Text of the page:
The U.S. government wiretapped former Trump campaign chairman Paul Manafort under secret court orders before and after the election, according to a new report.
According to the report, the FBI obtained the Foreign Intelligence Surveillance Act (FISA), after Manafort became the subject of an FBI investigation that began in 2014. It centered on work done by a group of Washington consulting firms for Ukraine’s former ruling party, the sources told CNN.
Manafort is a key figure in Special Counsel Robert Mueller’s investigation into Russia’s involvement with the election.
On “Fox & Friends,” Judge Andrew Napolitano explained that the initial warrant was discontinued, but investigators received another one that extended into the beginning of this year, Fox News reports.
He said it’s not clear if this new one is a FISA or a regular Article III judge warrant, which he said is a “real serious distinction.”
He explained that to obtain the latter, investigators would have to present a federal judge with evidence of crimes committed by Manafort or the people he was speaking to.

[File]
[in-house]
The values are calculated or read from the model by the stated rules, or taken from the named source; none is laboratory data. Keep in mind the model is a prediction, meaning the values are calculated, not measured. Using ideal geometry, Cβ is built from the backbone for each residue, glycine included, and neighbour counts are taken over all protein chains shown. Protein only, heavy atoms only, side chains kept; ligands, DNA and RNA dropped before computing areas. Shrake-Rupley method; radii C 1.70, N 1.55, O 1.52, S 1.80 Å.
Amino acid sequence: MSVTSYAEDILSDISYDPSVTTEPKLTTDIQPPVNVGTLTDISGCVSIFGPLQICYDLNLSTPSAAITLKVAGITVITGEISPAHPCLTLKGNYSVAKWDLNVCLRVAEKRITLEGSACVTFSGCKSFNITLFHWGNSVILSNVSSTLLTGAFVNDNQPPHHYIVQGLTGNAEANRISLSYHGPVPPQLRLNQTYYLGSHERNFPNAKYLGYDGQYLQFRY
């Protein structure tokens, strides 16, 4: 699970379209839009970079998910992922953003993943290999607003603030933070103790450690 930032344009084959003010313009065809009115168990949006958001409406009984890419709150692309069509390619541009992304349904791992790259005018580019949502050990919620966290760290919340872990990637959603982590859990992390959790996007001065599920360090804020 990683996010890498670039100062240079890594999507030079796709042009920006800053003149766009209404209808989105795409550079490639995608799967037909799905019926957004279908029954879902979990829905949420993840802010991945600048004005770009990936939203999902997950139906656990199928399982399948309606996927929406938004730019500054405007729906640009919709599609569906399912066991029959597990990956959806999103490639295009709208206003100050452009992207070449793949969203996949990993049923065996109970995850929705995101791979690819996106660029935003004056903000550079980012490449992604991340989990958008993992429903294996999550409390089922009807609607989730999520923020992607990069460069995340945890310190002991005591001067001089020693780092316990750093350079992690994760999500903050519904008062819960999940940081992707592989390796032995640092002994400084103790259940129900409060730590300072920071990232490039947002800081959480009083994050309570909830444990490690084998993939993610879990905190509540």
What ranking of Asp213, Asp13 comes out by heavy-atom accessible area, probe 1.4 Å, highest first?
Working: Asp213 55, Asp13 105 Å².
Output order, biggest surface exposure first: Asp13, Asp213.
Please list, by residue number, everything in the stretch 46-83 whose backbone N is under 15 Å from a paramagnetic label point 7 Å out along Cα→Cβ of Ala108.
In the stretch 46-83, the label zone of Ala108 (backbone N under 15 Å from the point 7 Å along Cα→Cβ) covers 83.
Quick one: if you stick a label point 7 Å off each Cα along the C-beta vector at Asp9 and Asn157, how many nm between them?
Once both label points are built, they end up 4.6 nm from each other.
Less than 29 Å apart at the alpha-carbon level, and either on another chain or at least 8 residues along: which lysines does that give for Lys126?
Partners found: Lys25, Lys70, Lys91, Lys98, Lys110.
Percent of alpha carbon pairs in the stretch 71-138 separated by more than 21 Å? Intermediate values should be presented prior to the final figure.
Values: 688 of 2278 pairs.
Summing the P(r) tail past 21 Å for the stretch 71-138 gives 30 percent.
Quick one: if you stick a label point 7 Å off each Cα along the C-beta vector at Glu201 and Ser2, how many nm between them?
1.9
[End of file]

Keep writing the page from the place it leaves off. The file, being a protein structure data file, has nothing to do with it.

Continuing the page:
“Were they listening to Paul Manafort during the campaign in order to find out what Donald Trump was going to do next in the campaign and help Hillary? Were they listening to Paul Manafort because they thought he had committed a crime? Were they listening to Paul Manafort because they were looking for something with which to tarnish the future president?” Napolitano said.
“I think there’s more to be heard.”
After the election, President Trump claimed that Obama had wiretapped Trump Tower.
Terrible! Just found out that Obama had my "wires tapped" in Trump Tower just before the victory. Nothing found. This is McCarthyism!
— Donald J. Trump (@realDonaldTrump) March 4, 2017
Or course, Obama denied President Trump’s accusation that he had tapped the the phones at Trump Tower in the weeks before the November 2016 election.
“Neither President Obama nor any White House official ever ordered surveillance on any U.S. citizen. Any suggestion otherwise is simply false,” said Kevin Lewis, a spokesman for the former president.